Study Objectives. To determine whether use, of 3-hydroxy-3-methylglutaryl coenzyme A reductase inhibitors (statins) is associated with a reduced rate of severe sepsis, and to further characterize the effect of statins on the frequency of organ dysfunction in patients with severe sepsis. Design. Retrospective cohort study. Setting. University-associated teaching hospital. Patients. Fifty-three patients admitted with sepsis; 16 were receiving statins and 37 were not receiving statins (controls) before admission. Measurements and Main Results. Patients were identified by the International Classification of Diseases, Ninth Revision, Clinical Modification codes. Patient demographics, vital signs, and laboratory values were collected from their electronic medical records. The primary end point was rate of severe sepsis, defined in accordance with guidelines from the American College of Chest Physicians and the Society of Critical Care Medicine. Secondary end points were in-hospital mortality rate and rate of five categories of organ dysfunction (cardiovascular, renal, pulmonary, hematologic, and metabolic). Preadmission statin therapy, compared with no statin therapy, was associated with a 30% lower rate of severe sepsis (56% vs 86%, p<0.02). In-hospital mortality was not significantly different between groups (38% vs 49%, p=0.33); however, the rate of cardiovascular dysfunction, defined as hypotension requiring vasopressor therapy, was significantly lower in the statin group (38% vs 73%, p<0.02). No significant differences in the other organ dysfunction categories were noted between groups. Conclusion. Statins appear to prevent sepsis from becoming severe, most notably through prevention of sepsis-induced hypotension. This potential role for statins in the prevention and treatment of severe sepsis should be further evaluated in a randomized controlled trial.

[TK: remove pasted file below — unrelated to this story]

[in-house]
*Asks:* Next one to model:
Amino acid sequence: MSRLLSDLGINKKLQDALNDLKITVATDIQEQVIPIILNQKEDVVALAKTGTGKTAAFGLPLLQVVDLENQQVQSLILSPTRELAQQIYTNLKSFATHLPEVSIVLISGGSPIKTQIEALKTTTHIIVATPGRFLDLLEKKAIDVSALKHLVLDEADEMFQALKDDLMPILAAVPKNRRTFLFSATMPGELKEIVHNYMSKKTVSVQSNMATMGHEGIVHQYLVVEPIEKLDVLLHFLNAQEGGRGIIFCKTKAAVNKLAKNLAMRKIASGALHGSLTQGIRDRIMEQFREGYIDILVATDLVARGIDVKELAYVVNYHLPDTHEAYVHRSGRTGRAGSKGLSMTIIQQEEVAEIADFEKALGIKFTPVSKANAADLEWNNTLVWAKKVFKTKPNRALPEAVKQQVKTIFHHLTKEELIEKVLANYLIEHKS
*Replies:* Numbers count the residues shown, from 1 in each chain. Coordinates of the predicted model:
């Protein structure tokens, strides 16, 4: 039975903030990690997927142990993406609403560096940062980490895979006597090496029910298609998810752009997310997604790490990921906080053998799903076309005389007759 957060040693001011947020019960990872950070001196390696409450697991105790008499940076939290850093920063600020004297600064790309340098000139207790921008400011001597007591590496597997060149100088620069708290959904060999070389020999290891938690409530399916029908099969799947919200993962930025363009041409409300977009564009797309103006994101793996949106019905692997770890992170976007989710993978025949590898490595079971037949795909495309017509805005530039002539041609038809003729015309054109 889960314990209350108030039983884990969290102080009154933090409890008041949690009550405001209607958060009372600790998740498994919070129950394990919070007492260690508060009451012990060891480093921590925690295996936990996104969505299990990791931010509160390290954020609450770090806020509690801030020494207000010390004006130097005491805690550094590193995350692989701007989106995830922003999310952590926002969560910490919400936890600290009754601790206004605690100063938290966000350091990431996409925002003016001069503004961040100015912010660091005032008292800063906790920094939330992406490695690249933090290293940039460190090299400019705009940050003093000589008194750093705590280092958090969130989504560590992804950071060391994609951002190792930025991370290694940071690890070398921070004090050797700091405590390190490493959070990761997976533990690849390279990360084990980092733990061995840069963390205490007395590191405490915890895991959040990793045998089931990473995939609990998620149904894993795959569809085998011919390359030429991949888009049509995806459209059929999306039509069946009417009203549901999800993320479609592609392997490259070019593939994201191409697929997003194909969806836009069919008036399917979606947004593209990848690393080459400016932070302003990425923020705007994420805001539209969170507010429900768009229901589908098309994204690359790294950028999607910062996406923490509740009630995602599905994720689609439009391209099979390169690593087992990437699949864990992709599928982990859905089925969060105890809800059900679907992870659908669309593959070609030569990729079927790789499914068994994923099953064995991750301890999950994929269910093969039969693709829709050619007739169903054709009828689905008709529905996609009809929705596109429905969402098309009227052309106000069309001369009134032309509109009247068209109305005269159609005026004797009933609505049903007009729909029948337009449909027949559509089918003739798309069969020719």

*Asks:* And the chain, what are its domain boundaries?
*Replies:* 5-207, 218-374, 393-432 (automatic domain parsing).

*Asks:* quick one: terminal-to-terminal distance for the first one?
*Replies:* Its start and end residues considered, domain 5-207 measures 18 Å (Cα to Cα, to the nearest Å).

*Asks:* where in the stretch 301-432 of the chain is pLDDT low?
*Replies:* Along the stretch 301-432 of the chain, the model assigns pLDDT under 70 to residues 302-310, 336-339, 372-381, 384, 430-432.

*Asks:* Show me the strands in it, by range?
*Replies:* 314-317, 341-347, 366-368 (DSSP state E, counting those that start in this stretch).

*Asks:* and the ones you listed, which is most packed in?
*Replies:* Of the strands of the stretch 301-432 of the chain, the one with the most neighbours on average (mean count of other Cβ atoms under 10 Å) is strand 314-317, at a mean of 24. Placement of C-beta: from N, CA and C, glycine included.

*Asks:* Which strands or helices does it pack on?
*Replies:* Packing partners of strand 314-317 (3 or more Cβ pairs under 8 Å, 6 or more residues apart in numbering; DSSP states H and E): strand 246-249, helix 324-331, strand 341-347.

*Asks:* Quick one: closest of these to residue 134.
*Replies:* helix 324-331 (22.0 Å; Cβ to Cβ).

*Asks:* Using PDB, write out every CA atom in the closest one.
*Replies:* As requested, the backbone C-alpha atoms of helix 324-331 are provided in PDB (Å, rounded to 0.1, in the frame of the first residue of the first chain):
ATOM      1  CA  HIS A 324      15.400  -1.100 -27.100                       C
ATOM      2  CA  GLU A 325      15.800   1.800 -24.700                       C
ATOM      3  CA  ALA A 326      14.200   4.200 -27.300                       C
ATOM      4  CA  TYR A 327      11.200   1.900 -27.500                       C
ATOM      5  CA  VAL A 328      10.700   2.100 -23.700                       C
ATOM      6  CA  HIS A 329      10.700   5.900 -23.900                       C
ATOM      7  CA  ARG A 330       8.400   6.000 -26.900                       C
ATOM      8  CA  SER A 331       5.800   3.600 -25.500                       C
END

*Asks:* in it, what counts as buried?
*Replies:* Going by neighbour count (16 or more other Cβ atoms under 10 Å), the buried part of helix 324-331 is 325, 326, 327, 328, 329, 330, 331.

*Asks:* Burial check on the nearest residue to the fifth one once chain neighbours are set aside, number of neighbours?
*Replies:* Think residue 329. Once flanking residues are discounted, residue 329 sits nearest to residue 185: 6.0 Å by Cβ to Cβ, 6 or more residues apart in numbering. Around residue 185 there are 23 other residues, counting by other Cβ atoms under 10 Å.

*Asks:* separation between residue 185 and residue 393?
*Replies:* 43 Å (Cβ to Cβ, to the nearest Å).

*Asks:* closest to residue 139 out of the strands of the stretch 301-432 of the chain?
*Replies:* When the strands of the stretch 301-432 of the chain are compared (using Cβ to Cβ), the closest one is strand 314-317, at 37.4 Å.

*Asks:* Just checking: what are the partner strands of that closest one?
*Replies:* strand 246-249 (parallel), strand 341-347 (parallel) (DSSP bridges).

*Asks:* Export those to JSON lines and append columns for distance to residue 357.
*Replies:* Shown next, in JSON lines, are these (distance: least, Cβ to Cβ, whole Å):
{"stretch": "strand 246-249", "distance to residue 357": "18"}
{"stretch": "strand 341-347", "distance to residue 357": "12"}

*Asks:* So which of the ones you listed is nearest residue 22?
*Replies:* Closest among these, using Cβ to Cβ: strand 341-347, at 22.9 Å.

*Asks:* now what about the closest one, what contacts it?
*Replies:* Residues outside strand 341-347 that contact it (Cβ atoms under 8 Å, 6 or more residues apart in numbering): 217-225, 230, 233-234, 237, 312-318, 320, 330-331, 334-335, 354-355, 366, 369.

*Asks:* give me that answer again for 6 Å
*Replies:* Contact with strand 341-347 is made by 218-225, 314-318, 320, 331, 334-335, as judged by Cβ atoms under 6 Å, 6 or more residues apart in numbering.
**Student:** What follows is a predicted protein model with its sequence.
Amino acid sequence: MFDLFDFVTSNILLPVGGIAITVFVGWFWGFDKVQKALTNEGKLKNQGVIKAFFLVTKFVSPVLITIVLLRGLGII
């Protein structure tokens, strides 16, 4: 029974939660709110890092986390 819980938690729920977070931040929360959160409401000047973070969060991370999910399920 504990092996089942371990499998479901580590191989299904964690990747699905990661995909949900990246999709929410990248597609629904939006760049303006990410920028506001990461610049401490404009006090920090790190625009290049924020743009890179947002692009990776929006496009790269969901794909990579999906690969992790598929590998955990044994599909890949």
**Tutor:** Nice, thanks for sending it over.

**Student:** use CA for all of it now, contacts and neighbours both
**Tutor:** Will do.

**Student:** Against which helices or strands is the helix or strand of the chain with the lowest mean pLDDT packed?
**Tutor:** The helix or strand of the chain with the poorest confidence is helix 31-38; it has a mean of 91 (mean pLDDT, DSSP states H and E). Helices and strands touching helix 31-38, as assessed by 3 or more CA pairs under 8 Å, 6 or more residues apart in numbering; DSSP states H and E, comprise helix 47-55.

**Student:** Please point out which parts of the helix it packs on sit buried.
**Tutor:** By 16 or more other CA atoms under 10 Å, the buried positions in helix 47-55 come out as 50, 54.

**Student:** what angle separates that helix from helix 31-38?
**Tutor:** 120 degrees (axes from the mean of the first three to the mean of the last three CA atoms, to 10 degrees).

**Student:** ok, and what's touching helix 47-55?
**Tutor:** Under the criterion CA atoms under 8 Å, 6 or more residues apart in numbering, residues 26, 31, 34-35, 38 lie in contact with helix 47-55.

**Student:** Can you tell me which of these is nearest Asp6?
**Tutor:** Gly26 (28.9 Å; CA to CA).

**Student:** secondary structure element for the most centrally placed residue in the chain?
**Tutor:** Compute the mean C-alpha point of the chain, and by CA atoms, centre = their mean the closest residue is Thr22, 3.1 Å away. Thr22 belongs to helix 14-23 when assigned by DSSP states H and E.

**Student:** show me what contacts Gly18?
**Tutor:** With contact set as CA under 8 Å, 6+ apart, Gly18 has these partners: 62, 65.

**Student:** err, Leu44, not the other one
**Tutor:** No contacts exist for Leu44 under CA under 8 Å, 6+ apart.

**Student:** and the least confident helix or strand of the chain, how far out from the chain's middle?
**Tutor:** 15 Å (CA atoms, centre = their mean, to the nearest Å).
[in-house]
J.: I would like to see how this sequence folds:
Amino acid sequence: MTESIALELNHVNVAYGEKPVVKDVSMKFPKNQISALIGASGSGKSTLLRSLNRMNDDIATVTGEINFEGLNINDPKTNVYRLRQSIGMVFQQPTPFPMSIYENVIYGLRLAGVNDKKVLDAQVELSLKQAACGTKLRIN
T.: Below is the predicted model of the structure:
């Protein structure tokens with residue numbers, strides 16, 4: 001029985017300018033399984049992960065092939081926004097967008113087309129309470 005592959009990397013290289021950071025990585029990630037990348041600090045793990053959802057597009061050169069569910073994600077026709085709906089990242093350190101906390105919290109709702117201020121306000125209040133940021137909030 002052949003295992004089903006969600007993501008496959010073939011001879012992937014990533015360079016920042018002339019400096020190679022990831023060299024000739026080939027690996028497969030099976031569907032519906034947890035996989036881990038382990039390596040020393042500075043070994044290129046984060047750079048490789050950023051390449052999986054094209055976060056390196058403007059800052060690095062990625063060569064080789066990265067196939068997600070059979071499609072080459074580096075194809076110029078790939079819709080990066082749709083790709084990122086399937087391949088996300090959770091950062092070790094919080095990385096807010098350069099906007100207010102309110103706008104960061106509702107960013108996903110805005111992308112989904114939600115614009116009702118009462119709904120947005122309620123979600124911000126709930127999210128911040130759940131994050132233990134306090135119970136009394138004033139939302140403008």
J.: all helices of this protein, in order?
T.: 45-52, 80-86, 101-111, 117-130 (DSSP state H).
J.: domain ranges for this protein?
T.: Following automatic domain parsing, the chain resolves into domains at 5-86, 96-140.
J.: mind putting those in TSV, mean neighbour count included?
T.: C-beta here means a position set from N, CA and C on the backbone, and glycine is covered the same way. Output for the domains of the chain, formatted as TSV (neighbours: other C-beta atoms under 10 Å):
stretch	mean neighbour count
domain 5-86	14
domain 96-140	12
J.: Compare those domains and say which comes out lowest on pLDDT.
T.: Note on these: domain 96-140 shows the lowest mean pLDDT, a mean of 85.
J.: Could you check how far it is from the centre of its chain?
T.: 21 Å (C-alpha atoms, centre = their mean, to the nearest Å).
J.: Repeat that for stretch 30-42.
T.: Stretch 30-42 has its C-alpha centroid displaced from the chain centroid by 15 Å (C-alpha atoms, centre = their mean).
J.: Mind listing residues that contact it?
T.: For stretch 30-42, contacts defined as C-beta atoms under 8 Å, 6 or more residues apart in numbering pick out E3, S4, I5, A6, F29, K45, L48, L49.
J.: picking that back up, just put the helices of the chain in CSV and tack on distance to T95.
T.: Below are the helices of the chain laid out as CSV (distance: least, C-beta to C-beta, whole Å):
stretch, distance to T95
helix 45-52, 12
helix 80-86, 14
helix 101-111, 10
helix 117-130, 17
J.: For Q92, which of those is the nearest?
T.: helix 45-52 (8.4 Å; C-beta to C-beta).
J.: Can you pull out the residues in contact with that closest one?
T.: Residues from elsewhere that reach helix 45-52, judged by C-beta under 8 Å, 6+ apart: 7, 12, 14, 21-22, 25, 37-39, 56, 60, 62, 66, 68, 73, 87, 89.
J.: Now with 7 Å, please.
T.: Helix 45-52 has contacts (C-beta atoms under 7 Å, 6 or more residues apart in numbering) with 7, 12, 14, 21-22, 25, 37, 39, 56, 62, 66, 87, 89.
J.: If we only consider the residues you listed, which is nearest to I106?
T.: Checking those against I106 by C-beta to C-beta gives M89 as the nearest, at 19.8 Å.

ASJC Scopus subject areas
- Pharmacology (medical)